Getting to grips with ‘Big data’
Roger Woodward of Tridium explains why data from BEMS is growing, and why it needs to be managed carefully for maximum impact.
In the not-so-distant past, energy management for many businesses still involved the laborious manual recording of information from meters — if it was collected at all. But over the last decade that has been changing.
For example, it was not that long ago that office lighting was probably controlled with a few contactors — perhaps two per floor with a fault condition. Now, lighting in today's commercial buildings is more likely to be controlled by intelligent fittings through a DALI network, bringing up to 40 points of data per light fitting.
On a floor with 200 light fittings, rather than four connected points to the building energy management system (BEMS), it would have 200 x 40 ‘soft points’, making 8000 in total. If you add to this elements such as historical trending that may be taken every 15 minutes you have 4 x 24 x 8000; that’s 768 000 pieces of data per day, or over 280 million each year. In the world of IT, this phenomenon is known as 'Big data'. In the face of such a flood, automation is a necessity not a luxury.
The rise of intelligent networks such as DALI and the installation of building-services equipment that comes with built-in controls has been driven by occupant demand for greater flexibility in work spaces, as well as the increasing drive to energy efficiency.
The rise of large amounts of data poses a challenge for building managers. One of the key reasons is that often no one has planned what to do with the data.
One rapidly emerging solution is the outsourcing of site management, both in terms of physical monitoring of and response to the BEMS alarms as well as collection and analysis of the data. For example, a number of companies are now offering SaaS (software as a service). The customer pays a monthly cost for the storage of data from the BEMS and also for online access to analysis software to manipulate the data. Concerns over how to store large amounts of data are reduced, and with careful planning the deluge of numbers can be turned into useful, business-focused information that will help to reduce energy use and cut utility bills.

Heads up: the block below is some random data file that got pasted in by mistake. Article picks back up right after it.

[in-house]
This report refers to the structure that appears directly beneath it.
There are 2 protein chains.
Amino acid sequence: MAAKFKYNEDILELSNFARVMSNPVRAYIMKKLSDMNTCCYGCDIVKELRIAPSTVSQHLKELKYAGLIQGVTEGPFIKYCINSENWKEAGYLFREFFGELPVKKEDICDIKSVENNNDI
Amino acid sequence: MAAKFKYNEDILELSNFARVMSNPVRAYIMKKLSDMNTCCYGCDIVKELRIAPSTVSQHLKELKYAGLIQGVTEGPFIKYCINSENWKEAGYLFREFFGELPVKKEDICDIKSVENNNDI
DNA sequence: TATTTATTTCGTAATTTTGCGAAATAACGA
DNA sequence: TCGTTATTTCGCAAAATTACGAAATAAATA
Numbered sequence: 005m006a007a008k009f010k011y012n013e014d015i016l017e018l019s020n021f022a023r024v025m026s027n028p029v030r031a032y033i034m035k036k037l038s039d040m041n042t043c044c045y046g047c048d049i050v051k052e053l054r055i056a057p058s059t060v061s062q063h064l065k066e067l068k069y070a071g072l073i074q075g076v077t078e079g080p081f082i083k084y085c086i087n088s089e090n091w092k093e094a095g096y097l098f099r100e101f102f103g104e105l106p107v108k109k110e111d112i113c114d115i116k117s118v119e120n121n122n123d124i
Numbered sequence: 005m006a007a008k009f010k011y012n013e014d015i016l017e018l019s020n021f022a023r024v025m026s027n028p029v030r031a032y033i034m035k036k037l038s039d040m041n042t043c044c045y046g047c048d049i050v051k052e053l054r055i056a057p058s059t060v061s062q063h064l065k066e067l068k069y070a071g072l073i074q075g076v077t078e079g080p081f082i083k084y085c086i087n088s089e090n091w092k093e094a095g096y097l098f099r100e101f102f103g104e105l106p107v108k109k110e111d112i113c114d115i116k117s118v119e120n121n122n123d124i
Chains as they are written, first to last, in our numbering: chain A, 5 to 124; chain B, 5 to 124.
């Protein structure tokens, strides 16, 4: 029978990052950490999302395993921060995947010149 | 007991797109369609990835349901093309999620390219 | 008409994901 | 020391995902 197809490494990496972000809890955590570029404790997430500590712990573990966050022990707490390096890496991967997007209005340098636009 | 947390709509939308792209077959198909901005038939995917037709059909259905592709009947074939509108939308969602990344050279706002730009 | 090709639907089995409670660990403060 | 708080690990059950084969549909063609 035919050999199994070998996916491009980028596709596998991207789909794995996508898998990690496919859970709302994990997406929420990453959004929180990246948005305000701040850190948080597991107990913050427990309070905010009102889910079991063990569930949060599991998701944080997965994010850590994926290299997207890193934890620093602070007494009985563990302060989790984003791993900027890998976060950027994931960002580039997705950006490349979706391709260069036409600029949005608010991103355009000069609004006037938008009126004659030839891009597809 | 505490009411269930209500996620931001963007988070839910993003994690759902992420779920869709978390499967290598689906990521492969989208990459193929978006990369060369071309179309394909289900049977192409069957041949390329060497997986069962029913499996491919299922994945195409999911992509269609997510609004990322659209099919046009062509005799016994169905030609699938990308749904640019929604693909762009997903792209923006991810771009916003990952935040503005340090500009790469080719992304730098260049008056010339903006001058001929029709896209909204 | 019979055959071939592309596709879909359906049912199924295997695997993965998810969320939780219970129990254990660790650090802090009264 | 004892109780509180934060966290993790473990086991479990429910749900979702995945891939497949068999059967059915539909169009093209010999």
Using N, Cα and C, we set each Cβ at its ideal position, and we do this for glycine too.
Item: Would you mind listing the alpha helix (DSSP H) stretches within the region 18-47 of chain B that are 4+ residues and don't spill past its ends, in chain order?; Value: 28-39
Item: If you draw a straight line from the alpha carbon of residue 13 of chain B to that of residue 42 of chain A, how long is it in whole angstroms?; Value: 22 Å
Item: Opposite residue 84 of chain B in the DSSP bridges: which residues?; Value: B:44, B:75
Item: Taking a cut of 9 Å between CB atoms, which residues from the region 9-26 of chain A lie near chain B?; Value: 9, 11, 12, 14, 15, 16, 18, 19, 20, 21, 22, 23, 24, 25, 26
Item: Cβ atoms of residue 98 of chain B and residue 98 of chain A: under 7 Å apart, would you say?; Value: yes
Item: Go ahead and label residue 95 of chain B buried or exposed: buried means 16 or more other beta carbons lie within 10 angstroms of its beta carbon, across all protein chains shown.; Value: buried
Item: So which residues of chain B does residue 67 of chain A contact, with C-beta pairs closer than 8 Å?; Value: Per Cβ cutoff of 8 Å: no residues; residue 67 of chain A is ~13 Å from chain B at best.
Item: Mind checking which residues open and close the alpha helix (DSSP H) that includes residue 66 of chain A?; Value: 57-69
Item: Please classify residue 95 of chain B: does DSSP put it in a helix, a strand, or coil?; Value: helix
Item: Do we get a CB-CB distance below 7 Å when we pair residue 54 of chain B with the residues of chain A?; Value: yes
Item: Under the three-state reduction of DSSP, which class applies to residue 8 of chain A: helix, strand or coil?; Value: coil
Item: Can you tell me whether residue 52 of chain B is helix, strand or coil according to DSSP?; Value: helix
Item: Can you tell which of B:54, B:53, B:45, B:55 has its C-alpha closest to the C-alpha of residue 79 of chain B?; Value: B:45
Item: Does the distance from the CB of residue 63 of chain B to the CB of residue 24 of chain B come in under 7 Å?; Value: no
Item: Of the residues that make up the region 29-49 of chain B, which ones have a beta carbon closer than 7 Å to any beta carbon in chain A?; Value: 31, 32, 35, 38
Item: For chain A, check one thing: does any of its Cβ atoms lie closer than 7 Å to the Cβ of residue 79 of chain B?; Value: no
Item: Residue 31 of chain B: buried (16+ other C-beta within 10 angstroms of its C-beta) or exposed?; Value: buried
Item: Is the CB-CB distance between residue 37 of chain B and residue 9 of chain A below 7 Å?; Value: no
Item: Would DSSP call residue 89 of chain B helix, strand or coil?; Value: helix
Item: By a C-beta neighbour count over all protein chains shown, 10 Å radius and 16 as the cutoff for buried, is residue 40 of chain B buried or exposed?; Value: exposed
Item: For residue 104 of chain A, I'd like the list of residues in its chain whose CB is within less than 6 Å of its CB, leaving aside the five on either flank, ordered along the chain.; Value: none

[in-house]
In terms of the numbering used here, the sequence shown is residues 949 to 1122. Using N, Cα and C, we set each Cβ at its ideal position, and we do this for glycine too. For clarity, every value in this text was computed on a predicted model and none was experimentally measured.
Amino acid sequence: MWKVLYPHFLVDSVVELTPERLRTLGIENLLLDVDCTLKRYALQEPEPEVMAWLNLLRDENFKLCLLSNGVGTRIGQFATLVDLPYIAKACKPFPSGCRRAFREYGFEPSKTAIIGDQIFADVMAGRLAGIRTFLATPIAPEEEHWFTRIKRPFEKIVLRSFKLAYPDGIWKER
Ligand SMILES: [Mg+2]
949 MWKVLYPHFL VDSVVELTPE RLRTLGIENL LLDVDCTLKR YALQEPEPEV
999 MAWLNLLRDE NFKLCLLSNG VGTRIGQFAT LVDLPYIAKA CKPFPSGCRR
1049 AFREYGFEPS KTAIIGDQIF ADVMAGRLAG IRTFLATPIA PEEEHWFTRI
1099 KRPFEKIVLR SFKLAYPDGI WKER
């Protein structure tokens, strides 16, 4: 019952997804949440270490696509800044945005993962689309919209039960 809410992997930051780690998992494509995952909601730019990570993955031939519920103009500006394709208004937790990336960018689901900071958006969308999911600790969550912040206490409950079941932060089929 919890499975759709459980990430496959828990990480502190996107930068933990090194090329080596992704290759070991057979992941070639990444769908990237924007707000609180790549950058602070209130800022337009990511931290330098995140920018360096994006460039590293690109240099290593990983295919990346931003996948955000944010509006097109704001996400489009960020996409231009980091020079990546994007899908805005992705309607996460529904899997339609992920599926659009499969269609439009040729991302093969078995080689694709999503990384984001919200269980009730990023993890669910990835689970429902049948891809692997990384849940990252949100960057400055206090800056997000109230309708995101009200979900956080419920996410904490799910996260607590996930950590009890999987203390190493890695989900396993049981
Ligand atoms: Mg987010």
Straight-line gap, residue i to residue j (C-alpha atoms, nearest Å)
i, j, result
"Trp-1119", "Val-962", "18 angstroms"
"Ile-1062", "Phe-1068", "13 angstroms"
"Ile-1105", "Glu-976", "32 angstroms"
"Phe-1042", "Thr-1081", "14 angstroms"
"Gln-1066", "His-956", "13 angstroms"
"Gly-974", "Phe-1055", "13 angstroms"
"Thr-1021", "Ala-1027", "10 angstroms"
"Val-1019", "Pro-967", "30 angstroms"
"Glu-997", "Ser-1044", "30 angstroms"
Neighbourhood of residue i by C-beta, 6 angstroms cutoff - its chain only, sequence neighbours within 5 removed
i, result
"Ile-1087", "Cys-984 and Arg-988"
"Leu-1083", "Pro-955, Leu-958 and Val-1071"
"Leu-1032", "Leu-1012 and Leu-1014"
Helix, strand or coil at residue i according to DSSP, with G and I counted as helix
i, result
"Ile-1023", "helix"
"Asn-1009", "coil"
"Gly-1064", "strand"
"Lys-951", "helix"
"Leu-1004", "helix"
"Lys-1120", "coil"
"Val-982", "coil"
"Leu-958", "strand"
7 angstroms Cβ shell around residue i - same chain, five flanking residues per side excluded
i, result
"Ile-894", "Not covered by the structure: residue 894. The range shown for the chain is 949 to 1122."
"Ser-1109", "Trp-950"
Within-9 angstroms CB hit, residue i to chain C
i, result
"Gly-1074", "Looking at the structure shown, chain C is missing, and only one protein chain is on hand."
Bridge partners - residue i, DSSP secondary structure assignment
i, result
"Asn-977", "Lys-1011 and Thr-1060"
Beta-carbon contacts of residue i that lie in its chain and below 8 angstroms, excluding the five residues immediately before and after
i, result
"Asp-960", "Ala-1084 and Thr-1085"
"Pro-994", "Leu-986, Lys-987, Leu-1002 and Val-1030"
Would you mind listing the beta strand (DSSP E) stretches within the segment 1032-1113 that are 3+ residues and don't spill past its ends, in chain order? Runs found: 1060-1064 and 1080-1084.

However, this utopia of data collection and analysis depends on a number of elements. Not least of these is the challenge of open systems. There is an increasing requirement for integration and control of the various connected ‘standard’ protocols (the lighting and those intelligent chillers). Yet every sector has its own standards: for example DALI for lighting; BACnet and LonWorks for BEMS; M-Bus for meters; and oBIX as a web-based enterprise-services interface.
Solutions such as the Niagara Framework offer an IT solution for the BEMS industry that makes tasks such as bringing in data from pulse or smart meters much more straightforward. Reaching across all platforms, open and proprietary, Niagara forms a bridge between energy data and the end-user. This is truly where BEMS and IT are crossing paths successfully to bring data that was once lodged firmly in the plant room to web-based tools with simple user interfaces.
Big data revolutionised marketing, giving marketing managers the power to understand their customers and to target segments with great accuracy. Large amounts of information now flooding into the energy-management field are set to give building owners and operators similar capabilities — in-depth knowledge about building performance and the power to optimise it.
Roger Woodward is managing director of Tridium for the UK and EMEA.